“prescribe standards for the construction and operation of cable television systems, which standards shall be designed to promote (i) safe, adequate and reliable service to subscribers, (ii) the construction and operation of systems consistent with most advanced state of the art, (iii) a construction schedule providing for maximum penetration as rapidly as possible within the limitations of economic feasibility, (iv) the construction of systems with the maximum practicable channel capacity, facilities for local program origination, facilities to provide service in areas conforming to various community interests, facilities with the technical capacity for interconnection with other systems within regions as established in the commission’s statewide plan and facilities capable of transmitting signals from subscribers to the cable television company or to other points; and (v) the prompt handling of inquiries, complaints and requests for repairs;”
The statutes thus recognize the social goals of universal television service (“maximum penetration ….), “safe, adequate and reliable service”, and customer protection (“handling of inquiries, complaints and requests for repairs….”). The Commission has adopted regulations containing its cable TV standards and consumer protection rules at 16 NYCRR Part 890. A thorough assessment of the petitioners’ Compliance with all these rules, and correction of any deficiencies, clearly is contemplated by the cable merger statute.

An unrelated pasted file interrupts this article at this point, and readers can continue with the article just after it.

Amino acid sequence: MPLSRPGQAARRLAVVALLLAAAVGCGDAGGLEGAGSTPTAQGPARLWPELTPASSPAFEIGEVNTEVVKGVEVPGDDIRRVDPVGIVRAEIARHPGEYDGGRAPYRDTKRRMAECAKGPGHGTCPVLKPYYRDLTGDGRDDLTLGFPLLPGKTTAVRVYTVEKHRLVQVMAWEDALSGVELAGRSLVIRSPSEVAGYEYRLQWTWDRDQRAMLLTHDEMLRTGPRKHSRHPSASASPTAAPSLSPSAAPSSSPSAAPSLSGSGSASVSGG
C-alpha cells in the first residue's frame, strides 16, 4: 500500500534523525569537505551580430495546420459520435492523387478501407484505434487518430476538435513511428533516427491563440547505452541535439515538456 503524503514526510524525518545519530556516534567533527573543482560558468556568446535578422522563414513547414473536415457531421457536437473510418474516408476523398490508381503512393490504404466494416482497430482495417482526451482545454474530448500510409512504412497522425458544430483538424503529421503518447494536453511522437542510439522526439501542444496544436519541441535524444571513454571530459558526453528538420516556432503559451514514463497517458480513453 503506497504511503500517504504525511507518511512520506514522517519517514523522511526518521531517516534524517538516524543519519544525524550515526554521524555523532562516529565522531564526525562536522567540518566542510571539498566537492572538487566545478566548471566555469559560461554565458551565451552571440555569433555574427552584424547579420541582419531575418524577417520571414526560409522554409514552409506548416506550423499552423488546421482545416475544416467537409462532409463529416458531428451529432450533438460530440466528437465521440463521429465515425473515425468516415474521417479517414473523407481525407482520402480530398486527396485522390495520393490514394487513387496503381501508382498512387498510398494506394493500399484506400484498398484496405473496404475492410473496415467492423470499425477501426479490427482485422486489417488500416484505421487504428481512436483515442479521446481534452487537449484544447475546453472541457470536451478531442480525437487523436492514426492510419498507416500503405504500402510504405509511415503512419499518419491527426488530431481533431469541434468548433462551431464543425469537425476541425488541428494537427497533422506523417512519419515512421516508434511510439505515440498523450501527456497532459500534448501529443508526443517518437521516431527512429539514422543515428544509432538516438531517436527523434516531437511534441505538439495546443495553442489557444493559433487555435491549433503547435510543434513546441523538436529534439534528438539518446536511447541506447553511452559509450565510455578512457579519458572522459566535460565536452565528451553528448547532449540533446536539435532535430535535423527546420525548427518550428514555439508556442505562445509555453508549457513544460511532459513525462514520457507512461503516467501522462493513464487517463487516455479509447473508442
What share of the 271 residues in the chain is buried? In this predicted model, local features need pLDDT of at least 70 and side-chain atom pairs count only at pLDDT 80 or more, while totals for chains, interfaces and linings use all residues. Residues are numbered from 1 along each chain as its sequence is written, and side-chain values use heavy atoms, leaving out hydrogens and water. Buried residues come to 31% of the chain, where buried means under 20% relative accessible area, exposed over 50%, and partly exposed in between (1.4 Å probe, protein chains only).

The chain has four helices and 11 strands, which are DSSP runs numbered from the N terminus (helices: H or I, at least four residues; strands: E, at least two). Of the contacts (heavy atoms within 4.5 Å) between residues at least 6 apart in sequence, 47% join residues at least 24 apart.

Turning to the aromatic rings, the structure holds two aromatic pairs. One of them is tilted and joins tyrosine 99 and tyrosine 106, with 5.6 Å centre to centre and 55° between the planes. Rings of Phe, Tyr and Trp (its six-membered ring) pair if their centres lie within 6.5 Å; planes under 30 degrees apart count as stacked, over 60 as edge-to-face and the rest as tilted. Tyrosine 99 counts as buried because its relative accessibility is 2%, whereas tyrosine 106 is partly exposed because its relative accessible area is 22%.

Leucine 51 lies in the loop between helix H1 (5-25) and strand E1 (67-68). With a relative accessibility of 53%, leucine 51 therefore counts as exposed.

New York Public Service Law § 100.3 requires PSC approval of any transfer of ownership of a telephone company. This law also applies, because Time Warner Cable Information Services (TWCIS) NY is a phone company. It contains the following requirement: